4.3 - Statistical Pictures4.3 - Statistical Pictures
In this section, we examine a few important types of statistical pictures: bar graphs, time series plots, and scatterplots.
Before turning to these specific types of statistical pictures, it is important to note that regardless of the type of picture being used, there are some basic features that a good graph will possess:
- The data should be clearly recognizable from the background
- The picture should be clearly labeled, showing
- the title and purpose or origin of the data,
- what is being plotted on each axis, bar, or segment of the plot (i.e. the variables being presented)
- the scale including starting points and units of the measurement
- The picture should have as little extraneous material as possible (i.e. a high "information content")
Section 9.5 of the text (pages 190 to 194) provides illustrations ofthe difficulties that arise withpoor statistical graphics that do not follow these basic guidelines and create ambiguity and confusion in their interpretation..
Example 4.6: Life Satisfaction
The Gallup World Poll takes random samples of the adults in 132 different countries. In many of those countries, Gallup asks respondents to try and think about an overall evaluation of their lives and to specify how satisfied they are on a four-point scale (very dissatisfied, dissatisfied, satisfied, or very satisfied). Figure 4.6 shows a comparative bar graph giving the results from two surveys, one taking a random sample of adults in the United States and one using a random sample of adults in China. Bar graphs are often used to show the results of data for categorical variables and, as in Figure 4.6 can be used to compare categorical variables in two or more circumstances.
Figure 4.6 Life Satisfaction Results from Two Countries (Gallup World Poll)
Example 4.7 Consumer Spending
Each day the Gallup Poll takes a random sample of about 500 American adults nationally and asks them about a variety of issues including how much money they spent the day before not counting the purchase of a home or car or paying normal household bills like for electrical or phone service. Figure 4.7shows a line graph of the data presented in two ways: both as a 3-day rolling average (the dark green line) and as a 14-day rolling average (the light green line). For example, each point on the dark green line represents the average results of the amount spent by the 1500 American adults who had responded to the survey over the 3-day period leading up to the day of the survey. This type of line graph is called a time series plot because the points represent the variable being measured across time.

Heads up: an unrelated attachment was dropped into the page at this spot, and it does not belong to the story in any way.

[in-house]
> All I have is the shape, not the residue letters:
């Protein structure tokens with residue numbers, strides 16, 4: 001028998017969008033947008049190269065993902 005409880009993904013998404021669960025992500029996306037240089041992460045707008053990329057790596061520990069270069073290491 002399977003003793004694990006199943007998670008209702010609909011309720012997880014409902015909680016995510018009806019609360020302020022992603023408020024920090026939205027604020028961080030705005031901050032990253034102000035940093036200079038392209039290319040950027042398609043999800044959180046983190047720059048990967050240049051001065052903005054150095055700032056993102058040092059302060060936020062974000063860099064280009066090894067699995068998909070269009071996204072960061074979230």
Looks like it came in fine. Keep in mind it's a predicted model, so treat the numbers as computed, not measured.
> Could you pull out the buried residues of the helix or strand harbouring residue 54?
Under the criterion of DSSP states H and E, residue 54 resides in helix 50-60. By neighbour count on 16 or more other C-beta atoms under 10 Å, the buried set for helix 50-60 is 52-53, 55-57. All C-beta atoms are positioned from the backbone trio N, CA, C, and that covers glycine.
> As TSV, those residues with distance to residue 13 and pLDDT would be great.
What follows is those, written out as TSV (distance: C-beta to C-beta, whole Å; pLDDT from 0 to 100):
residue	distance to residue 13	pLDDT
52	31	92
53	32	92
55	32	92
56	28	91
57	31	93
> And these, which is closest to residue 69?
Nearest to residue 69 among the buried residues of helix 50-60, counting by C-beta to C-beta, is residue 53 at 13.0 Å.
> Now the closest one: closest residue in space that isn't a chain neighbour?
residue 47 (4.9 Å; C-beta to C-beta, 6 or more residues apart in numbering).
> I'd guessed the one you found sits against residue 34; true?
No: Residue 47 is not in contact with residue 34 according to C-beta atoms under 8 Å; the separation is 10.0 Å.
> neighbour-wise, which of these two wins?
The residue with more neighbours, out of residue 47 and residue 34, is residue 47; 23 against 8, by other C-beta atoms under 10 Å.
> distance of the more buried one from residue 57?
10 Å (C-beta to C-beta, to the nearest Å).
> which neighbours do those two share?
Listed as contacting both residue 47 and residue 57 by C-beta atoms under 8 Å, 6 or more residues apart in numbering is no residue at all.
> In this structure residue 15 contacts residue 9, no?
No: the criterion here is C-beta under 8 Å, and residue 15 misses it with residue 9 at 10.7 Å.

Figure 4.7 Time Series Plot of Consumer Spending from February 2008 to February 2015 (Gallup Poll)
When looking at a time series plot like Figure 4.7 it is important to examine and interpret some key basic features:
- Is there a long-term trend? For example, in the consumer spending data, we can see a long-term generally upward trend since the end of the recession in June 2009. One note of caution when looking at economic data that extends over decades in time; check if they have been adjusted for inflation. An apparent upward trend may be nothing more than reflecting a change in the value of the dollar.
- Are there seasonal components? While temperature data is dramatically affected by regular seasonal cycles, many other variables change in predictable patterns because of people's behavioral changes in certain months or seasons. For example, have a close look at Figure 4.7. You should be able to see a bump in consumer spending each year associated with the holidays in December. There are other cyclic effects in this data. If you look really closely at the 3-day averages, you can see that there is increased spending on weekends compared with weekdays.
- What is the nature of the random fluctuations? We know that every measurement is subject to natural variability and that averages will be more reliable if they are based on larger sample sizes. Have a look at Figure 4.7 and see how the 3-day averages based on surveys of about 1500 people show random fluctuations much larger than the 14-day averages based on surveys of about 7000 people.
Example 4.8 Blood Alcohol Content (BAC)
An experiment was carried out to see how Blood Alcohol Content (BAC) as measured by a breathalyzer change with the number of 12-ounce beers you drink (the experiment is discussed in the Electronic Encyclopedia of Statistics Examples and Exercises). In the experiment, 16 subjects each drew a number out of a hat. For example, if the number was a 3, then that subject drank 3 beers. A half-hour after finishing the last assigned beer a police officer used a breathalyzer, like the ones they use in the field, to measure the subject's BAC level. Figure 4.8 shows a scatterplot of the results. Each point represents a different subject. For example, one subject drank 6 beers and had a BAC of 0.10; over the legal limit for driving.
Figure 4.8 Number of 12-ounce Beers Consumed versus BAC for 16 Subjects
Scatterplots are used for displaying the relationship between two measurement variables. Examining Figure 4.8, we can see a clear trend - there is an obvious positive association between the number of beers and the BAC - increases in one variable are associated with increases in the other. The data here were based on a randomized experiment and the causal nature of this particular relationship is quite well established. Positive associations are reflected in a cloud of points in the scatterplot that goes "uphill" as you move from left to right. A negative association, like the one we would see if we plotted the weights of cars versus their gas mileage, shows a cloud of points going "downhill".